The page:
If nothing else, you’ve gotta respect the bit. Billy Mitchell, the so-called “video game player of the century,” appears to have let ownership over his old website, perfectpacman.com, lapse some years ago. Now someone else has commandeered the domain, and is using it to publish a multipart investigation into the oft-questioned legitimacy of Mitchell’s world-record Pac-Man scores.
There’s a lot of fogginess around the situation, but one thing’s clear as day: Lmao.
Mitchell, who is often pictured wearing a black button-up and a tie plastered in American stars-and-stripes iconography, made his name as the first known person to hit a “perfect” score (3,333,360 points) in Pac-Man, a feat he accomplished in 1999. He also set a bunch of Donkey Kong records, including three separate highest-ever scores, set in 2005, 2007, and 2010.
But evidence emerged that Mitchell used the popular software-based emulator M.A.M.E. (Multiple Arcade Machine Emulator) to achieve at least some of his scores, rather than playing on authentic arcade hardware. Both Guinness World Records and Twin Galaxies, the popular gaming leaderboard site, stripped Mitchell of his accolades.
Last year, the Guinness World Records organization reinstated his records, something Mitchell told Ars Technica was in the works six months prior but was held up due to “legal” talks. Twin Galaxies has not reinstated Mitchell’s records.
Over the weekend, Kotaku received a tip that Mitchell’s old domain name has been hijacked and is now dedicated toward uncovering the truth. The tipster, “Walter C.,” told Kotaku in further correspondence that “the domain was first acquired in June  with no real goal in mind.”
Walter C.—who did not share his last name, and is not to be confused with former Twin Galaxies owner and Mitchell supporter Walter Day—claimed that Mitchell’s site had been vacated since the aughts. A few years ago, someone picked up the domain. After that ownership lapsed and Walter C. picked it up, he backfilled the site with posts about innocuous topics like the release schedule for Magic: The Gathering. Other coverage flirted with Mitchell’s sphere; at one point, the site published a link to a profile, written by former Kotaku EIC Stephen Totilo, of Twin Galaxies ref Robert Mruczek. (Mruczek, or someone using his name, is a frequent commenter on perfectpacman.com these days.)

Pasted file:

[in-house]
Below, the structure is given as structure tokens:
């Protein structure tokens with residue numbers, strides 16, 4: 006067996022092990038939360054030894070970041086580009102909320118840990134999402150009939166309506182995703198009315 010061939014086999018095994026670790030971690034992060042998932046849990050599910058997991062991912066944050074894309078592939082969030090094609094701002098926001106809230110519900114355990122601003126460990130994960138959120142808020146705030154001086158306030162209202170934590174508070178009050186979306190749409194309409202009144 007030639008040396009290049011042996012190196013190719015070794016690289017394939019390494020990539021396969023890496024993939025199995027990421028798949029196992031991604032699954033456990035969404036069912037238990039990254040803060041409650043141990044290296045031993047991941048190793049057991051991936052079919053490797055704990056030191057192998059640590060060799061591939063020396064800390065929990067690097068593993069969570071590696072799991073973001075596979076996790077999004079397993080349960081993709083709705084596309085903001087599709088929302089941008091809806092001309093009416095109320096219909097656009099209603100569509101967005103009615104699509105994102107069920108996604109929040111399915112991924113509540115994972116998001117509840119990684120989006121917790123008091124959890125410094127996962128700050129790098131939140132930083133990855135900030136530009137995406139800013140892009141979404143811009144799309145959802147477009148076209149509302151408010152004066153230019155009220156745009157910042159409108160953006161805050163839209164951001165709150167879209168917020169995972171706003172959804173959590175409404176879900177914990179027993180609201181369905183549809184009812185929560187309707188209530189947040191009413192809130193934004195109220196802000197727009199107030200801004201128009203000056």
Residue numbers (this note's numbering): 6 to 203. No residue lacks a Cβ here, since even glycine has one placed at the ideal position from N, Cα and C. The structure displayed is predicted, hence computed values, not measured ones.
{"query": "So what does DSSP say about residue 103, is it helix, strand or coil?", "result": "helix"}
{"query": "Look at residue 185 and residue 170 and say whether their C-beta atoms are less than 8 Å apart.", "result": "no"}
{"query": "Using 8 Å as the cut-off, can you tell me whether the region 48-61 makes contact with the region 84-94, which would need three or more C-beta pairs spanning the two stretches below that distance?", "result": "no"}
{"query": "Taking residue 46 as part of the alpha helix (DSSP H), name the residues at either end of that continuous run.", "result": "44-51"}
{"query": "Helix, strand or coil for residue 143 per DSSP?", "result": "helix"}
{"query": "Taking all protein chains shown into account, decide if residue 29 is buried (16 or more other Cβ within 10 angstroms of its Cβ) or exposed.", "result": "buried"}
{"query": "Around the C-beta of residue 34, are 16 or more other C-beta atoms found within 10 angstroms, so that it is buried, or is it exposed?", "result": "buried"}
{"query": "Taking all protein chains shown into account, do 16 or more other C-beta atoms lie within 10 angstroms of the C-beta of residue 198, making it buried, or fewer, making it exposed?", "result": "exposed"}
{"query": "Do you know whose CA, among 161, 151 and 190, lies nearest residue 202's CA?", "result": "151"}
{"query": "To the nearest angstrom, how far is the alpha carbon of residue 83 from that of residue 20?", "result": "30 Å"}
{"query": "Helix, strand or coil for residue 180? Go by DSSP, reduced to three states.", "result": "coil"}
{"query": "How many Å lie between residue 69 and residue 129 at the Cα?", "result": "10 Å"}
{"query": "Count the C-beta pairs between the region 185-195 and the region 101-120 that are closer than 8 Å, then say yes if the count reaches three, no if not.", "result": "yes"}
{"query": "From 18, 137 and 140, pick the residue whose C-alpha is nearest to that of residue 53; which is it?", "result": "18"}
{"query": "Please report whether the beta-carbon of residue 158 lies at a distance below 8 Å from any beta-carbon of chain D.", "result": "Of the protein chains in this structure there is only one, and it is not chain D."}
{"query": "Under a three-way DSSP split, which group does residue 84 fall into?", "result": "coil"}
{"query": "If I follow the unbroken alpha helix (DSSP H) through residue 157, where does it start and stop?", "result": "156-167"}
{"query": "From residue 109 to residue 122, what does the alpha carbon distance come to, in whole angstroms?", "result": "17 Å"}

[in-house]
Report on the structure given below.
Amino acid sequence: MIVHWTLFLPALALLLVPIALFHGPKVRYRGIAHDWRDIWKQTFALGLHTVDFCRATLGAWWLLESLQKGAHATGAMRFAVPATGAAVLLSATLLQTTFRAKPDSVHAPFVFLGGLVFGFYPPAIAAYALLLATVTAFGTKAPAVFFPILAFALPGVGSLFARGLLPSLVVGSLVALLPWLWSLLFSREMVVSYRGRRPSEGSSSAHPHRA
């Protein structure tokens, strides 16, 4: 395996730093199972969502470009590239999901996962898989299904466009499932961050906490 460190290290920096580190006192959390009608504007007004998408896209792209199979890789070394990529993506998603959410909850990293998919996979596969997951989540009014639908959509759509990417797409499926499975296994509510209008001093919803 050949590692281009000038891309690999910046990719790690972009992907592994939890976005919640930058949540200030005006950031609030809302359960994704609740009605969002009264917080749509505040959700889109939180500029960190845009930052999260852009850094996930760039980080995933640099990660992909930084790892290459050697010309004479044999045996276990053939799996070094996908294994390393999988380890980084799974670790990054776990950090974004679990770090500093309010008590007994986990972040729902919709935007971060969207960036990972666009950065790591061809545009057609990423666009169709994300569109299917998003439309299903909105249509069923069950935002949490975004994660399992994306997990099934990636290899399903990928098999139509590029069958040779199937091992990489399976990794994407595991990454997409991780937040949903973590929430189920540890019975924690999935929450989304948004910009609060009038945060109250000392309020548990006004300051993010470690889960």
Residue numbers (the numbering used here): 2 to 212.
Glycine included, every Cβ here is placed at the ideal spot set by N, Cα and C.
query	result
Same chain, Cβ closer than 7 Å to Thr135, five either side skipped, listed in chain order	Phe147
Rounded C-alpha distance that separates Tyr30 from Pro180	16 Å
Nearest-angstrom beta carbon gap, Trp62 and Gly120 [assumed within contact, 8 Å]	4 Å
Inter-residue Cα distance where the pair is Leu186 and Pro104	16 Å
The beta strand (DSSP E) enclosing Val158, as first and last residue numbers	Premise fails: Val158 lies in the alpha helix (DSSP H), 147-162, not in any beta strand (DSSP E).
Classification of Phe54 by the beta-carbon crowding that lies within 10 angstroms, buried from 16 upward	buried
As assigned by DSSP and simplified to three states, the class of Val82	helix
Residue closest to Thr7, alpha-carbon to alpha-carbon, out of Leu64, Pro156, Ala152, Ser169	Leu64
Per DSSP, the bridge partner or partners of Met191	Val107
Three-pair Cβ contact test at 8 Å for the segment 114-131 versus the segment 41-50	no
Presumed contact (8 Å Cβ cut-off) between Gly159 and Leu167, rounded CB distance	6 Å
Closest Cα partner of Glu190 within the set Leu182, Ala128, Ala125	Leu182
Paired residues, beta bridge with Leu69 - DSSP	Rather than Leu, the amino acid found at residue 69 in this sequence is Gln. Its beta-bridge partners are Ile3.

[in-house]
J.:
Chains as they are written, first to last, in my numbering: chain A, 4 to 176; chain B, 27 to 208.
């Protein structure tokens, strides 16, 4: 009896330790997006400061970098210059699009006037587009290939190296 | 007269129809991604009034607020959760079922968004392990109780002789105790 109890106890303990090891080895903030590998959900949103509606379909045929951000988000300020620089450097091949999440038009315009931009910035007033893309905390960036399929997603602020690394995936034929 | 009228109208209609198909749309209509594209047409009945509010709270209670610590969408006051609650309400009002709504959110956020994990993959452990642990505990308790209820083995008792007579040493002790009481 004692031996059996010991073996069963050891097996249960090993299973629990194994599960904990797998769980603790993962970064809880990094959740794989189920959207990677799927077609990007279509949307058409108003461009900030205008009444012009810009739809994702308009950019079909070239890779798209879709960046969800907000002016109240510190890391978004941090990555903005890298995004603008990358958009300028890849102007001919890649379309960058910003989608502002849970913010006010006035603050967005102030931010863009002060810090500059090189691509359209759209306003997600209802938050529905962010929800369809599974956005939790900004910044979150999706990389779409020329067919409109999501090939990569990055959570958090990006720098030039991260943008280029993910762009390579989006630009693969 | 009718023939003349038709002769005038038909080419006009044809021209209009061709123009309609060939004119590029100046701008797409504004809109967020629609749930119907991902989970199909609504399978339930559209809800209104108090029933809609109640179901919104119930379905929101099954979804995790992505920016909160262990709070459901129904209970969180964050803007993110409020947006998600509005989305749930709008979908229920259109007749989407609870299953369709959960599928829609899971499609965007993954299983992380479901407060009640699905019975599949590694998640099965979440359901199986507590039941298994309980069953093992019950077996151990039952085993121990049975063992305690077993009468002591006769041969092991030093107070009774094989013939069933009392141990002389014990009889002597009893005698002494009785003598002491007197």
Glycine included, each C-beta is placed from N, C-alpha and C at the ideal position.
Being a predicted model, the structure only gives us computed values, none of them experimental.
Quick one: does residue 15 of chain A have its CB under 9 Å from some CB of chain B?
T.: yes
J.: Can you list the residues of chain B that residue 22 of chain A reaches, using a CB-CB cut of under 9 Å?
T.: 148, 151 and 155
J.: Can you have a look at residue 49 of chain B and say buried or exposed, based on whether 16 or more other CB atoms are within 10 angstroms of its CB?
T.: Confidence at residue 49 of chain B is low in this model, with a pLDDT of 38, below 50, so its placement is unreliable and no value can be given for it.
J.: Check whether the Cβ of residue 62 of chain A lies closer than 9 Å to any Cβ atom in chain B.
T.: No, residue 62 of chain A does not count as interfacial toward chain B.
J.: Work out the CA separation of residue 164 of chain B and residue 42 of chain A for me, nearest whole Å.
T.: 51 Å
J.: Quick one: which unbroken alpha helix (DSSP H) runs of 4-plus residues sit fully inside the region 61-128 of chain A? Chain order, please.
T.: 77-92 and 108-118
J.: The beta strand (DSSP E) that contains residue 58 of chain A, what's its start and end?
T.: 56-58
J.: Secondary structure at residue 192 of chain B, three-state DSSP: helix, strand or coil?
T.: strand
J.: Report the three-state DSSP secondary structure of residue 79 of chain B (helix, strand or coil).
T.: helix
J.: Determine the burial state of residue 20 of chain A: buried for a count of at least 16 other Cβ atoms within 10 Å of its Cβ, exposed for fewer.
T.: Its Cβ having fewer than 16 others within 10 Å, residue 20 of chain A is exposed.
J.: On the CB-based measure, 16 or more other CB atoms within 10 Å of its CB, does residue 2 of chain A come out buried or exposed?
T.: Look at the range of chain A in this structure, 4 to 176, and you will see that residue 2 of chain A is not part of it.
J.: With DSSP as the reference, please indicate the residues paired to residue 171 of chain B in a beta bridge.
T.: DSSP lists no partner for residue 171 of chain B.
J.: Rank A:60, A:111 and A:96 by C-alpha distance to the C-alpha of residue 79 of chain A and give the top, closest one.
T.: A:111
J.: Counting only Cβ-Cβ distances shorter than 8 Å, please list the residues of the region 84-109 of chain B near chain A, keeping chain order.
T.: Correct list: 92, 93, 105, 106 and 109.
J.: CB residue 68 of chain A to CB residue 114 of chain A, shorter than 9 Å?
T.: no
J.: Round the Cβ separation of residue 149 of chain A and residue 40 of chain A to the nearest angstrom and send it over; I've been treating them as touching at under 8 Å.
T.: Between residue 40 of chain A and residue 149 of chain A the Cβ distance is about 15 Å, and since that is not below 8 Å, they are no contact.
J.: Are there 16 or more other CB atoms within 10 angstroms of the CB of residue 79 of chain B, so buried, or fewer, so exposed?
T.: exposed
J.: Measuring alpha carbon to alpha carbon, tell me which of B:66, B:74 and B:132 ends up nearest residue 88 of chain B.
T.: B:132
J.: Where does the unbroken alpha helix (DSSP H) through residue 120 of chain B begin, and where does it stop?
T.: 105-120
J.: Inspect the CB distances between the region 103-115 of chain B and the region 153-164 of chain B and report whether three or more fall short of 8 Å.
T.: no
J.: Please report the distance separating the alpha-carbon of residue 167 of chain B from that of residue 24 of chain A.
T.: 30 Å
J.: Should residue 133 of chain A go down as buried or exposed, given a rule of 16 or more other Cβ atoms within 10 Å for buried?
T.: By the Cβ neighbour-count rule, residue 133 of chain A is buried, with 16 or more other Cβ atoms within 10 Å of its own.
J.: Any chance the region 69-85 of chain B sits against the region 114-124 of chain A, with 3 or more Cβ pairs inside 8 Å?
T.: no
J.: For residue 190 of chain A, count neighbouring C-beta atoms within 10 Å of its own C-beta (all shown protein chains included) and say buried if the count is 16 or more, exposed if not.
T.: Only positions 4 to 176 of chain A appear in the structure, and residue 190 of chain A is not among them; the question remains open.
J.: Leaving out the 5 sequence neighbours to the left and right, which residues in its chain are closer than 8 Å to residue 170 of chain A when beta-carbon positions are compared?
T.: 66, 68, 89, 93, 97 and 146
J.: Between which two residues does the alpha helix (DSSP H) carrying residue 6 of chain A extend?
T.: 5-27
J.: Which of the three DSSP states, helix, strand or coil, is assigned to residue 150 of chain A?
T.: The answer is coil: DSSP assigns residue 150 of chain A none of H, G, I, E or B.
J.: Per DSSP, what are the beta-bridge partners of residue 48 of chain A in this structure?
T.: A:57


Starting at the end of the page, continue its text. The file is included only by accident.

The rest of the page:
A post dated August 31 of this year, titled “Under new management,” reads, in full:
Welcome to our new blog, www.perfectpacman.com. This blog will be dedicated to gaming related topics of interest to us. If you like what you see, just give us a whistle! Disclaimer: The new site administration has no affiliation with any liars and/or cheaters and/or narcissistic frauds who may have owned this web domain in the past. But we appreciate the free advertising lol.
Every post is displayed similarly, with no byline or author info, despite no shortage of phrases written in first-person. The vast majority of those “gaming related topics” are dedicated to examining Mitchell’s claims to Pac-Man fame. And most of those posts are part of a series, planned to eventually come out in nine installments, with the grandiose headline “The Video Game Fraud of the Century,” a clear play on the title Mitchell routinely claims. This series of articles, which is also cross-posted on a profile Walter C. maintains on the Twin Galaxies website, extensively documents and dissects—via screenshots, archival news coverage, books, blogs, forums, podcasts, Twitch streams, and a library’s worth of text—the history of Mitchell’s 1999 Pac-Man high score.
Walter C. told Kotaku that the series wasn’t initially planned to run on Mitchell’s old site, but that “late in the process” he and his part-time collaborators—though Walter C. is leading the charge, other people, who wish to remain unidentified, contributed research—thought to do so, which could boost the site’s prominence.
“If Billy did the perfect score in 1999, I’d want to know it, definitively. And if I was sure that he did, I would report it. Or if he didn’t do it, I’d want to know that,” Walter C. told Kotaku. “The stories around this supposed milestone achievement are fraught with inconsistencies and contradictions.”
Since it’s still a work in progress and covers a very contentious subject, the veracity of many aspects is up for debate. But while it’s hard to miss that Walter C. has an axe to grind with the famous Pac-Man / Donkey Kong player, it’s not like controversy surrounding some of Mitchell’s claimed achievements hasn’t been piling up over the last decade, either. If you’ve time to kill, you can read the series here—parts one, two, three, four, five, and six are currently up—and judge for yourself. Fair warning: Each section is looong.
But I think we can all agree on one thing: Snapping up a controversial figure’s old domain to then dunk on them is a tremendous bit. 3,333,360 points out of 3,333,360 points, definitely.
Correction, 9/21/2021 3:45 p.m. ET: An earlier version of this post misattributed authorship of older content published on perfectpacman.com.